An Idea of Silence…
What would you hear if you paused for a moment and just listened?
For me, it’s my laptop’s ridiculous graphics card fans whirring, cars driving slightly too recklessly over speed bumps near my home, and the low hums of family talking in the garden. These tones have become familiar to me, and I don’t pose questions or concerns about them. These are the sounds I expect and understand to be the noise of home.
In our daily lives, we experience a lot of noise from a million different sources, which has become oddly too normal for the modern human condition. Like most, I never truly acknowledged the issue of constant sound. That was until I put on a pair of noise-cancelling headphones and delved into the masterclass of game design, The Outer Wilds.
Find a little space.
The Outer Wilds is a space exploration title that tasks individuals to explore a solar system and grow to understand the universe around them. As the ‘Groundhog Day’ of space adventures, you have 22 minutes to gain new knowledge of this world before the sun implodes into a spectacular blue supernova, destroying all locations and characters you have grown fond of throughout your travels. At this point, you wake up by a campfire to start your journey once again. During this time, the player is never given a hard brief of what they should be doing or where they should travel next. Instead, the developers rely on emergent gameplay, providing the player with rumours, conversations and visual hints that continue to add to the lore of the world you inhabit. At the end of it all, the eagle-eyed adventurer can discover what caused the implosion of the sun, find the last surviving individual of a lost race and make a one-way trip to the centre of the universe.
From that description, you may wonder why this title is relevant to the concept of noise. The answer is in audio composer Andrew Prahlow’s fascinating approach when designing sound for the world around you. Instead of giving in to the pressure of traditional AAA video games and implementing dynamic music that changes with every situation the player finds themselves in, Andrew instead decided to fill the bulk of the world with nothing. As you fly through the vastness of space, you are simply left with your thoughts, trusted with time to plan your next destination or even encouraged to consider ideas exterior to your game world. Andrew truly leaves you to reflect in the silence, which is a beautiful change.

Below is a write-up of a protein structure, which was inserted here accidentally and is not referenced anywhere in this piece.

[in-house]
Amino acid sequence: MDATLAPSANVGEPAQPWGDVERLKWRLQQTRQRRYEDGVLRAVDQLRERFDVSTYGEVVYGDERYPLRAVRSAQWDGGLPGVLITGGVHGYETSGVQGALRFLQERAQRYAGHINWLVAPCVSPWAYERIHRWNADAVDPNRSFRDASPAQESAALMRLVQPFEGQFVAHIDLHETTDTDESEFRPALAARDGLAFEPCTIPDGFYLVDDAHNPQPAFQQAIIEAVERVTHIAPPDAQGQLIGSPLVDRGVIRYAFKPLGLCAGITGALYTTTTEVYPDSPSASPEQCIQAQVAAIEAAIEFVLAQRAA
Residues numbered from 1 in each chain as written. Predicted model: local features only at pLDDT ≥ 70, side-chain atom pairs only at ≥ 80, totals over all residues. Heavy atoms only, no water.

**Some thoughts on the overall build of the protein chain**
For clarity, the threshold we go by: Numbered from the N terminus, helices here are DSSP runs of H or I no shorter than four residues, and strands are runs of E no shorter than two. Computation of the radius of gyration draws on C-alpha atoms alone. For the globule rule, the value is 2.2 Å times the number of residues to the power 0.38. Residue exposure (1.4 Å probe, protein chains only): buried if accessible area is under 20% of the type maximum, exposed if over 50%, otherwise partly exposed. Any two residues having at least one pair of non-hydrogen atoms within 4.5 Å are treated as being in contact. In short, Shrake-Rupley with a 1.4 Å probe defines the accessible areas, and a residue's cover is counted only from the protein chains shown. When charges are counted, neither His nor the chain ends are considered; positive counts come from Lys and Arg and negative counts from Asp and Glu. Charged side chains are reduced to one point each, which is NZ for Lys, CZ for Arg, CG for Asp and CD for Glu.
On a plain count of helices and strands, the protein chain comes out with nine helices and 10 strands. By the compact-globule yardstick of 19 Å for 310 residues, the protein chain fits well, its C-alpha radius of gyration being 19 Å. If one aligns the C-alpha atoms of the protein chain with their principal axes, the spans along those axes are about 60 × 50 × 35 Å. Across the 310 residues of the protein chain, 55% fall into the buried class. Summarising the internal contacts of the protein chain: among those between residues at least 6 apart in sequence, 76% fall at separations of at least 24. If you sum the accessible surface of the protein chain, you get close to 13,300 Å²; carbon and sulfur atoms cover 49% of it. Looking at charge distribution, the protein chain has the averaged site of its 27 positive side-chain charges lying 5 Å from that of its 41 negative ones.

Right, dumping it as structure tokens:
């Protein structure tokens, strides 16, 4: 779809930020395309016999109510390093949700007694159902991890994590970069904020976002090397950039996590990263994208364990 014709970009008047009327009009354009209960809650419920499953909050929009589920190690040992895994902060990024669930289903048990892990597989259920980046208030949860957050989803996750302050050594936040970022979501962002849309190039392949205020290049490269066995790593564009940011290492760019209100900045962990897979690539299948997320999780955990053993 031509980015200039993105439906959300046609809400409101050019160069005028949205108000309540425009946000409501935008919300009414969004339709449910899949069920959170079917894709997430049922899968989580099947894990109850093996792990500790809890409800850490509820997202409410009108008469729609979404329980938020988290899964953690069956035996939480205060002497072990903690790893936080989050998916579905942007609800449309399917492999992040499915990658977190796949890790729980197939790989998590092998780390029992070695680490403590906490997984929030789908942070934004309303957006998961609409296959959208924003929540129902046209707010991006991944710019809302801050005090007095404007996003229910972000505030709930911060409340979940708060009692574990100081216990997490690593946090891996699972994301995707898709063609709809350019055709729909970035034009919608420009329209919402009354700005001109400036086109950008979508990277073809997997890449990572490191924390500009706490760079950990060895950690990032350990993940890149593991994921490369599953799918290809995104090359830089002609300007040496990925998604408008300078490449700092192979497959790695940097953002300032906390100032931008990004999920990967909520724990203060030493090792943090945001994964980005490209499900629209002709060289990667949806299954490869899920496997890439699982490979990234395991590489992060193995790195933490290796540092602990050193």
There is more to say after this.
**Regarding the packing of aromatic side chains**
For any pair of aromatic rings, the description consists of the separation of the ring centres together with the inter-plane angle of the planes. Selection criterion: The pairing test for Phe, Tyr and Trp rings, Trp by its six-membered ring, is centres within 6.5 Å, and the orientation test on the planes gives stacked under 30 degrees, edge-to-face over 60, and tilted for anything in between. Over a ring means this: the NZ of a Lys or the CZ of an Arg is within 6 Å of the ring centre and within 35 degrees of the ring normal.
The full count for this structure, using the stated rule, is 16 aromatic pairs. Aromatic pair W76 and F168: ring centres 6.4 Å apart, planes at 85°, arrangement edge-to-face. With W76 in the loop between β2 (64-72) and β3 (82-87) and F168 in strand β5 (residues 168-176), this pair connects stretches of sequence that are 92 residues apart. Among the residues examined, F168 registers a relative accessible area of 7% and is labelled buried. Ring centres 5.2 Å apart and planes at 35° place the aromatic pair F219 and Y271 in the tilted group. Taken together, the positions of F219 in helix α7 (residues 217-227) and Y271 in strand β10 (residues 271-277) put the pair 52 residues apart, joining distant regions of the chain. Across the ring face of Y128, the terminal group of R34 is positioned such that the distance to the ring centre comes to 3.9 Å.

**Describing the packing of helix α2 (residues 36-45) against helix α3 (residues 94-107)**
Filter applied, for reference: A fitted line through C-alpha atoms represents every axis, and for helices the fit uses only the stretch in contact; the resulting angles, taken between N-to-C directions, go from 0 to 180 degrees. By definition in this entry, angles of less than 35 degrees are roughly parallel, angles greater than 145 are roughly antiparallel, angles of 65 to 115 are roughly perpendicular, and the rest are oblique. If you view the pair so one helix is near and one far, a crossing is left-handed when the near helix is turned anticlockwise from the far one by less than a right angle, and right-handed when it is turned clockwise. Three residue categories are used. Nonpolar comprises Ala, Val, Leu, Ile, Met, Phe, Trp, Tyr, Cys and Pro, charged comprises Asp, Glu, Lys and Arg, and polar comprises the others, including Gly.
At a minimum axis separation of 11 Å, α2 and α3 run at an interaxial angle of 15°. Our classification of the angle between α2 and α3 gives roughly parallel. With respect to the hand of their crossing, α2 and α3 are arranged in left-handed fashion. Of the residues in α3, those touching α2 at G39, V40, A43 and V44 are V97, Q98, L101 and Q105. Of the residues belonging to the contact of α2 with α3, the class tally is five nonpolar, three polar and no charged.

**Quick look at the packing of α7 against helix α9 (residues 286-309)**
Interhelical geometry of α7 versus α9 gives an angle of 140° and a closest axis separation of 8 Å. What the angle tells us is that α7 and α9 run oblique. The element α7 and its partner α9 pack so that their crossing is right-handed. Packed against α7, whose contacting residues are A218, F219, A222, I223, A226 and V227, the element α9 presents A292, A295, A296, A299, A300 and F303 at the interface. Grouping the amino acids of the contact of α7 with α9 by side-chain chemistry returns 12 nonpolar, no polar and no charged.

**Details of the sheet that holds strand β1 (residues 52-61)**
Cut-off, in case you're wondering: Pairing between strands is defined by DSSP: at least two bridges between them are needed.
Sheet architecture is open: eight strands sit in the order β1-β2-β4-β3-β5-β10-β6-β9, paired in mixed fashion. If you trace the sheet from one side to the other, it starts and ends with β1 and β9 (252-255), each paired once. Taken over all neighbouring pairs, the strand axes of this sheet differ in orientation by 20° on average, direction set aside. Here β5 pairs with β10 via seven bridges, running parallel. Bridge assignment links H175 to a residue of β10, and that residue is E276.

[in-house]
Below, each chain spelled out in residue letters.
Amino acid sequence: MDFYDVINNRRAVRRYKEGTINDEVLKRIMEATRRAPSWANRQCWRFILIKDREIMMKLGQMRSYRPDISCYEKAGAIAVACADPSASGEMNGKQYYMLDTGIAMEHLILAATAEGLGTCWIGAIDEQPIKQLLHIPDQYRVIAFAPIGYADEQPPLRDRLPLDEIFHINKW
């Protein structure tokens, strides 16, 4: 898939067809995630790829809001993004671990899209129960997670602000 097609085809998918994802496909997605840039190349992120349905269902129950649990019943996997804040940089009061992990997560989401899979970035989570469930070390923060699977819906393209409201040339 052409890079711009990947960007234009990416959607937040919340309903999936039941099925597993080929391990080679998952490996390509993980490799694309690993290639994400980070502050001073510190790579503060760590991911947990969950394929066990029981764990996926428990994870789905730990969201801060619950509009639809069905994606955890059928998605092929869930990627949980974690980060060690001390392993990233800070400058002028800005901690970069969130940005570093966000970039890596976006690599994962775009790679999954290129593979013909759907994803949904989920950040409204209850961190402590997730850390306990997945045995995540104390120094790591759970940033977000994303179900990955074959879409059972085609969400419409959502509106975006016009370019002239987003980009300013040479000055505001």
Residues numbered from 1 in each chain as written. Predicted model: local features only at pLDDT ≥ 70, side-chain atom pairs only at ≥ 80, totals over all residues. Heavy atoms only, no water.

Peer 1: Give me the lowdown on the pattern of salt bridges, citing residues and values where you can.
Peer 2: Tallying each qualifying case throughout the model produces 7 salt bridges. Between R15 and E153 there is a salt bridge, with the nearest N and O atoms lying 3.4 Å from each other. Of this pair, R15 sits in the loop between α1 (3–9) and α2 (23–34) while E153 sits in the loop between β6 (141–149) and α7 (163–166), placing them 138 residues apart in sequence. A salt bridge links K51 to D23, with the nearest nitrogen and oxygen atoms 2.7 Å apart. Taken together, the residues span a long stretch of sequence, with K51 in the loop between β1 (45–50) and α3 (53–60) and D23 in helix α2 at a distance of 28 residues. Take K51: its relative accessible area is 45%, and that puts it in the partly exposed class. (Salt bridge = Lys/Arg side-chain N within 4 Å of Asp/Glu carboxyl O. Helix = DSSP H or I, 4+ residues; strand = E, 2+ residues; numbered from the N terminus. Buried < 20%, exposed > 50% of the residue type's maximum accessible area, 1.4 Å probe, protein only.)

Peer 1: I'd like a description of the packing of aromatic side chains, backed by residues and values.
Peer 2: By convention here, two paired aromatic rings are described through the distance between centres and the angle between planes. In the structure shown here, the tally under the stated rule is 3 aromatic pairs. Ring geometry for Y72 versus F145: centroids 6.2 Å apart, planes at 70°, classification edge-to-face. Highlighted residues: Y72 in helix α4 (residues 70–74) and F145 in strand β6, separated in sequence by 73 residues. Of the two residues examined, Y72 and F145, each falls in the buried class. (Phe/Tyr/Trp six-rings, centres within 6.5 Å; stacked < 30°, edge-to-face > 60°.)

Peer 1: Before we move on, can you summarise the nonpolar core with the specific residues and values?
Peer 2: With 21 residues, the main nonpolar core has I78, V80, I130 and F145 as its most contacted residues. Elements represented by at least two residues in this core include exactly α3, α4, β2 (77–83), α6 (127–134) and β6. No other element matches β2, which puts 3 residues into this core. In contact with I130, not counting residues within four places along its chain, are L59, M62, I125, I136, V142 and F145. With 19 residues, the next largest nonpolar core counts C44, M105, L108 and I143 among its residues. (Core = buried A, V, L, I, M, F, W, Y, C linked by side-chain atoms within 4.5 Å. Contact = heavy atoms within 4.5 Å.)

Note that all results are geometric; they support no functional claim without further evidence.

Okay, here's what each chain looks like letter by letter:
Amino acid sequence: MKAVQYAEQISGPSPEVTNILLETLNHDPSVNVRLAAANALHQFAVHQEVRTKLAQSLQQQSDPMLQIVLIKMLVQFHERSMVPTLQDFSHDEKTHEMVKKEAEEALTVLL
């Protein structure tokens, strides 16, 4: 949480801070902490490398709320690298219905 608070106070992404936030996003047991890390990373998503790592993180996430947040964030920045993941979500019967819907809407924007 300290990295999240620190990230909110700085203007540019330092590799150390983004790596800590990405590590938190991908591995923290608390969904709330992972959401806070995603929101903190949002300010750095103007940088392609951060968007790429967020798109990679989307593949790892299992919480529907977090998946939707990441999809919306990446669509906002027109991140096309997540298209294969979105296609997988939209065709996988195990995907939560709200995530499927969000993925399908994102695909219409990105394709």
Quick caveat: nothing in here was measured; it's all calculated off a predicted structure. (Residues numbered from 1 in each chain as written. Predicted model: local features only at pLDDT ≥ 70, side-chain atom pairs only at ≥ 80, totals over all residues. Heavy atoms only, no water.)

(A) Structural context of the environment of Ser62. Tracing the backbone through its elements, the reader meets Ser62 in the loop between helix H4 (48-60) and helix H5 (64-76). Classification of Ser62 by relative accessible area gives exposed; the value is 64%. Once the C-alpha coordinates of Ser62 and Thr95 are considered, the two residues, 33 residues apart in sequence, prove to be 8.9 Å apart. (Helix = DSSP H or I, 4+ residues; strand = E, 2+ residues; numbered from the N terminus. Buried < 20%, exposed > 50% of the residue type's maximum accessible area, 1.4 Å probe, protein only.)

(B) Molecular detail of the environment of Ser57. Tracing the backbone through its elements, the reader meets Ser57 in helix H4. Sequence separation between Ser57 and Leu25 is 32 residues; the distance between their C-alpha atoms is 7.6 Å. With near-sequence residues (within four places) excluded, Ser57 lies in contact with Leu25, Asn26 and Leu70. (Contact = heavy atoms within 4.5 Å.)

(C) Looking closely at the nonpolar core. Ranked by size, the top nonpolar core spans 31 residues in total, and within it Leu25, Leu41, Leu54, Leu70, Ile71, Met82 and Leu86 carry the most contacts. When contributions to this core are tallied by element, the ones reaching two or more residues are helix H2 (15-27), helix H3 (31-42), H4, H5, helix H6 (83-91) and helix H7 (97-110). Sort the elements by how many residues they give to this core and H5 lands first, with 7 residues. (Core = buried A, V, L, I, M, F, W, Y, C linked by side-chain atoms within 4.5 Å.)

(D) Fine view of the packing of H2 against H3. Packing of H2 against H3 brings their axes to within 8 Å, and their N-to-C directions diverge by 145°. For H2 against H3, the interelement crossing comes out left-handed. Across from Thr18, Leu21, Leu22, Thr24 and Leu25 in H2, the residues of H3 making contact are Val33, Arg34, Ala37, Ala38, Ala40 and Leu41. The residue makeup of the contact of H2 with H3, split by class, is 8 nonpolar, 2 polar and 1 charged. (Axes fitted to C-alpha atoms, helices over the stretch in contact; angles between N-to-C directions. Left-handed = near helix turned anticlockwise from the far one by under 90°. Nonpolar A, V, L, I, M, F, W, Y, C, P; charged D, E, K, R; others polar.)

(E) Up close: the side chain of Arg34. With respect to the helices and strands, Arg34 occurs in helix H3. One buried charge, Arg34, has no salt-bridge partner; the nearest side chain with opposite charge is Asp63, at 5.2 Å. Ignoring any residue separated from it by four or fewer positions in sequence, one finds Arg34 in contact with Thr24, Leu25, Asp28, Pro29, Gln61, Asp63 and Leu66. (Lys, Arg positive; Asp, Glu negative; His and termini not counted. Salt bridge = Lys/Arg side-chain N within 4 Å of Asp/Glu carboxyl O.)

Andrew, however, isn’t the only individual providing the opportunity for silence to players. As an industry, interactive worlds have always been great at identifying and fulfilling the needs of their audience.
The mindfulness movement.
As a younger man, I always moved from experience to experience, distraction to distraction. When I wasn’t studying, working or drinking with friends, I distracted myself with music, cinema and video games. With all of these mediums, I found myself drawn to the loudest, grandest and heaviest vices to fill my time. I was drawn to the noise. Now, with a few more grey hairs and a much busier schedule, I find myself longing for silence. Many people found themselves in the same boat, and the industry has accounted for this with the development of the ‘Comfy Game’ or the ‘Mindfulness Movement’.
The ‘Mindfulness Movement’ has identified the need for people to slow down and take a moment to stop and reflect, not only on the digital world that they are in but also on experiences that they may be going through in their own lives. The Outer Wilds offers silence to let the individual be fully immersed in their own reflection of the world and to provide more time to understand the events happening around them. Life is Strange offers zen points in the environment that allow the user to place down their controller and simply reflect on the deep narratives they have been tangled up in but also admire the sheer craftsmanship of the world around them. Animal Crossing allows you to experience a slice of life in a world designed for exploration and creativity. Stardew Valley offers a wide cast of characters and a quirky environment to make your impact and build relationships with those around you throughout the repeating grind of your farm duties. The Sims provides an open space to build, share and socialise in a way that suits your own play style at a speed you are comfortable with.
The common thread running through all the games is their focus on reflection and providing the opportunity to be removed from the noise of your daily life. These worlds revel in trusting you to play in a way you are comfortable with while they simply open the sandboxes for your own discovery and therapy. They check in on you by forcing you to check in on yourself, and to me, that is truly special.
Just a thought.
Now consider for your next campaign that maybe we can trust our consumers to step away from the noise and truly reflect on the world and narrative in front of them. Building on that, maybe there’s a way for us to do that meaningfully while allowing consumers to understand our narrative and how it truly relates to them and their loved ones.
Let’s maybe help individuals reflect and be open to organic mindfulness? Maybe let’s have a little bit more silence and see where it leads us.
Much love, James. X